Australia’s top doctor says coronavirus will change human race for good


Australia

From the security of his office in Canberra, the nation’s top doctor fielded questions from politicians across the ditch on Australia’s response to COVID-19.

Key points:

  • Nightclubs and music festivals to remain closed for foreseeable future
  • Industries like construction could close if virus rates worsen
  • Australia and New Zealand’s “hard and fast” approach to virus is working

Brendan Murphy claimed an “illegal dinner party” attended by medics in Tasmania may have caused the latest coronavirus cluster. He later withdrew the remark.

Here’s what else we learned.

The human race will change for good

By closing the borders, quarantining travellers and clamping down on group gatherings, Australia has so far managed to “flatten the curve” and limit community transmission.

So, many people are daring to dream of a post COVID-19 world where life can return to normal.

But Professor Murphy said, in some ways, this crisis will change human behaviour for good.

“We’ll all be doing better hand hygiene from now on,” he said.

“There are some things we’ll do differently, always.”

Professor Murphy and other health experts have said fewer cases of colds and flus had been reported in Australia because people were keeping their distance from other people and practicing better hygiene.

Coronavirus update: Follow the latest news in our daily wrap.



Photo:

Brendan Murphy says he does not see music festivals being allowed anytime soon. (ABC Central Victoria: Corey Hague)

The day the music festival (kind of) died

For ravers and music lovers, the news is not so good.

While the Prime Minister has consistently said the coronavirus restrictions would remain in place for six months, behind the scenes National Cabinet is beginning to chart a path out of the crisis.

That includes what a gradual easing of restrictions might look like.

Professor Murphy said until a vaccine or treatment was found, he does not believe the social distancing measures can be relaxed entirely.

“Unless you’re absolutely, completely confident about your borders, your testing, your surveillance, you can’t relax a measure of distancing,” he said.

“It’s hard for me to envisage reopening of nightclubs and big music festivals in the foreseeable future.”

How fast is coronavirus growing around the world?


Infographic:
Growth in known cases in key countries, on a logarithmic scale

This chart uses a logarithmic scale to highlight coronavirus growth rates. Read our explainer to understand what that means — and what we can learn from countries that have slowed the spread.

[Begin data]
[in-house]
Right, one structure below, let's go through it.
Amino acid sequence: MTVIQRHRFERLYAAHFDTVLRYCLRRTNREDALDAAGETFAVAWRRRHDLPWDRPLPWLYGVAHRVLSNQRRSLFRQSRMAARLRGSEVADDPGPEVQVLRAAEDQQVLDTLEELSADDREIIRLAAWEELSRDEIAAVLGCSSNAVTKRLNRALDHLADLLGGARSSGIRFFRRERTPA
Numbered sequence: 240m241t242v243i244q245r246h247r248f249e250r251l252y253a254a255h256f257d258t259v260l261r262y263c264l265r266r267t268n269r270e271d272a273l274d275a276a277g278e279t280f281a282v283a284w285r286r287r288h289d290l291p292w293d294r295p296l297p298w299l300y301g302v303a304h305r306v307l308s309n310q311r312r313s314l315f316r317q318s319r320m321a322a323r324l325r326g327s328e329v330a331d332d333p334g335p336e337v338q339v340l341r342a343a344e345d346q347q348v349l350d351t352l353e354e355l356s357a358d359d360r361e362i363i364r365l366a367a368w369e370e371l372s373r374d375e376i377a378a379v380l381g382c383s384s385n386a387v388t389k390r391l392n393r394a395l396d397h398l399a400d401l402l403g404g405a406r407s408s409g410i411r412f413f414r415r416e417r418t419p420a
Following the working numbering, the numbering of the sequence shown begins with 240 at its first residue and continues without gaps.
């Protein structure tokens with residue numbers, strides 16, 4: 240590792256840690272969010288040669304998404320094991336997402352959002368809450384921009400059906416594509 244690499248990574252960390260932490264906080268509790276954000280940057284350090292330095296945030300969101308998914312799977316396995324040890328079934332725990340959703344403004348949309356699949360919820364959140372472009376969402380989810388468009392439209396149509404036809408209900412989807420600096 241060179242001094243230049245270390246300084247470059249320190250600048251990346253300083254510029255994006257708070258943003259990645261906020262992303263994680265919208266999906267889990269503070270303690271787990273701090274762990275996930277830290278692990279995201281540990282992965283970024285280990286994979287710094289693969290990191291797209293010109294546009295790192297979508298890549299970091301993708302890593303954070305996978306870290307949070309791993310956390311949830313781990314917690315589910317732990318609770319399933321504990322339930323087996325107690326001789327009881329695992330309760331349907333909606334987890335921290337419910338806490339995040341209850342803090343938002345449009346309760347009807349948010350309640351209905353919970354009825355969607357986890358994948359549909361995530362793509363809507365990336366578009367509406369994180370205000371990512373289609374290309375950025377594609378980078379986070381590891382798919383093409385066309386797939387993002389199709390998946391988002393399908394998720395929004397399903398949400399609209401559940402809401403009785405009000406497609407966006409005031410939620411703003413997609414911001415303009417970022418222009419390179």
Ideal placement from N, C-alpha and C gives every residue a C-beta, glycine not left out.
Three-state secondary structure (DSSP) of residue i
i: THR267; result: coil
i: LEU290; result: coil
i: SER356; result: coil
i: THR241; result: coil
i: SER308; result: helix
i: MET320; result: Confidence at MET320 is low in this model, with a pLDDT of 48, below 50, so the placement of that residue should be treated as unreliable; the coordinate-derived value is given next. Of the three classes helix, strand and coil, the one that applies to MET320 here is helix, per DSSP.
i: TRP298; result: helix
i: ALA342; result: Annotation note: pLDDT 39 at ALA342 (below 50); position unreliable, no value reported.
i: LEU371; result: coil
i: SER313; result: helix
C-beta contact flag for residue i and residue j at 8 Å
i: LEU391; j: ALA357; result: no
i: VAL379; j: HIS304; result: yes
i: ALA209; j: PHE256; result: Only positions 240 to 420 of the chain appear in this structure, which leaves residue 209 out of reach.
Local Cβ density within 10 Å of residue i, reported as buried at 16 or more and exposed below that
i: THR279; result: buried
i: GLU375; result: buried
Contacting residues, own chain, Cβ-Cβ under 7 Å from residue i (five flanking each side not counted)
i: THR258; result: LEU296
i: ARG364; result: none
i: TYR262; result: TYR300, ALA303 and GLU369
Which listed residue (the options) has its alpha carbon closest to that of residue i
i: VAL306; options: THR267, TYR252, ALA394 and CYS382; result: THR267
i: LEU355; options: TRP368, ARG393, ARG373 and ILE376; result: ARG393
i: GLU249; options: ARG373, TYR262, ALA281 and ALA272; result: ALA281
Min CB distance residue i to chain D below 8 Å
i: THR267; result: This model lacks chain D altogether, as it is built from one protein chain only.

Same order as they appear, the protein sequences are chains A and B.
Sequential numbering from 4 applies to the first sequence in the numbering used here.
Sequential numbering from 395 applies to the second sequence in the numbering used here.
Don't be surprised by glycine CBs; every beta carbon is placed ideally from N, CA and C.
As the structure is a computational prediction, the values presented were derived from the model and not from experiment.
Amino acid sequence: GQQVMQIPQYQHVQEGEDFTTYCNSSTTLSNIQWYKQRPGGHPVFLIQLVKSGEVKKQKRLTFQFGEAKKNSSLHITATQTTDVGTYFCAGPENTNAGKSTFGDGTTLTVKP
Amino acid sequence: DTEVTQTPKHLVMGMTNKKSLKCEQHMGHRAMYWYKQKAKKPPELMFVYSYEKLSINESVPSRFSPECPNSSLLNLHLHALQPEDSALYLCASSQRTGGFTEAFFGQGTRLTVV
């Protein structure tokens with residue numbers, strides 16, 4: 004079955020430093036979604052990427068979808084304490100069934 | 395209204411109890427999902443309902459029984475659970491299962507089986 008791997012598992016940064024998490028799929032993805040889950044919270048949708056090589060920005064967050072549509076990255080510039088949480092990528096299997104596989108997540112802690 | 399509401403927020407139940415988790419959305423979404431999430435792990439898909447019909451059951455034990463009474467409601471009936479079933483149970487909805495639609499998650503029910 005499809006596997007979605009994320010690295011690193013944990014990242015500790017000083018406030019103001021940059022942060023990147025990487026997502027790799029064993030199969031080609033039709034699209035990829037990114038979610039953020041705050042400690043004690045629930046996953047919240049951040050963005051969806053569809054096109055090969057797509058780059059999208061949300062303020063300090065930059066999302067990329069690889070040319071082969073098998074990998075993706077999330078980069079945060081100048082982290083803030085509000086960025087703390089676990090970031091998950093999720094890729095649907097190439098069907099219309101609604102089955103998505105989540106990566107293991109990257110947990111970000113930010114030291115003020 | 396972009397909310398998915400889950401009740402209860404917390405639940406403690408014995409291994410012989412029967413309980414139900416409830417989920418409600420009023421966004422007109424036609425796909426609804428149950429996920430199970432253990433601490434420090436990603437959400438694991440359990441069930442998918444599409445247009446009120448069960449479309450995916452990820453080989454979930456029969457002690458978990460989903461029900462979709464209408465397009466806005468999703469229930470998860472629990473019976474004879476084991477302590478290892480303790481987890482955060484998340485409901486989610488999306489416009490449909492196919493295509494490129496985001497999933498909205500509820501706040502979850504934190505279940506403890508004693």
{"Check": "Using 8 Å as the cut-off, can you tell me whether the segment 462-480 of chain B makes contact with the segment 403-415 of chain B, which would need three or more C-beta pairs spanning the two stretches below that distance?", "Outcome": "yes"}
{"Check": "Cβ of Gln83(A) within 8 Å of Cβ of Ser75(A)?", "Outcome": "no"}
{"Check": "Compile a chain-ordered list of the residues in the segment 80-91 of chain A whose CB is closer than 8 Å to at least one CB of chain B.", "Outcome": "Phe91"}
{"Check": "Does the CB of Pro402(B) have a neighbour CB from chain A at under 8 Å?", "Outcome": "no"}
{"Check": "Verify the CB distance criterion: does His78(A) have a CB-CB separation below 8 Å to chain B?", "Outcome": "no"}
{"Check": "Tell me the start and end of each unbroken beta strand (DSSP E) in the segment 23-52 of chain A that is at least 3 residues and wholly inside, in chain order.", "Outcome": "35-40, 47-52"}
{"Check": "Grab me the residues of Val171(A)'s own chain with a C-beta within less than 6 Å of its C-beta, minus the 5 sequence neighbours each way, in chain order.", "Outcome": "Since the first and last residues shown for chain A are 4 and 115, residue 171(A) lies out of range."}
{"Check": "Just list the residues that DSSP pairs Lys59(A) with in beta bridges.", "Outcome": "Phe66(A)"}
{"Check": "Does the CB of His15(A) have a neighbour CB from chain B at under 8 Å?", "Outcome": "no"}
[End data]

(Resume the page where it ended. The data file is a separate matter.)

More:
Construction, manufacturing to close if things get worse

Australia has banned indoor and outdoor gatherings, closed pubs, clubs, cinemas, gyms and casinos and limited cafes and restaurants to takeaway service only.

In New Zealand, which shut down all commercial activity, its politicians probed Professor Murphy about why Australia had not gone harder.

Any measures had to be sustainable for the long haul, he said, so the advice was to close businesses that were not “absolutely essential to the economy”.

“Clearly if things get worse we will go harder,” he said.

“[In that case] we would be keen to close construction, manufacturing and retail more broadly.”

What the experts are saying about coronavirus:

Elimination versus suppression

Much has been made of New Zealand’s “elimination” strategy compared to Australia’s “suppression and control” approach.

But Professor Murphy said the aim was not that different.

“Our goals are very much the same; to get transmission down to as low as possible,” he said.

“And if we get rid of it, that would be great.”

Coronavirus questions answered
Breaking down the latest news and research to understand how the world is living through an epidemic, this is the ABC’s Coronacast podcast.

Professor Murphy said Australia would “love” to eliminate the virus entirely but likened it to a “nirvana” that could not necessarily be achieved.

But he said both Australia and New Zealand were in a strong position because they had gone “hard and fast” in their response to the virus.

“If you go hard late, as the UK has done, you see what carnage you suffer on the way through,” he said.

“It’s very, very hard to bring a large outbreak under control.”

The United Kingdom has recorded more than 88,000 cases and 11,300 deaths.

Conversely, in New Zealand, a country of five million people, the death toll has not yet topped 10.

As of Tuesday morning, Australia had 6,366 confirmed cases and 61 deaths.

What you need to know about coronavirus:


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Source: https://www.abc.net.au/news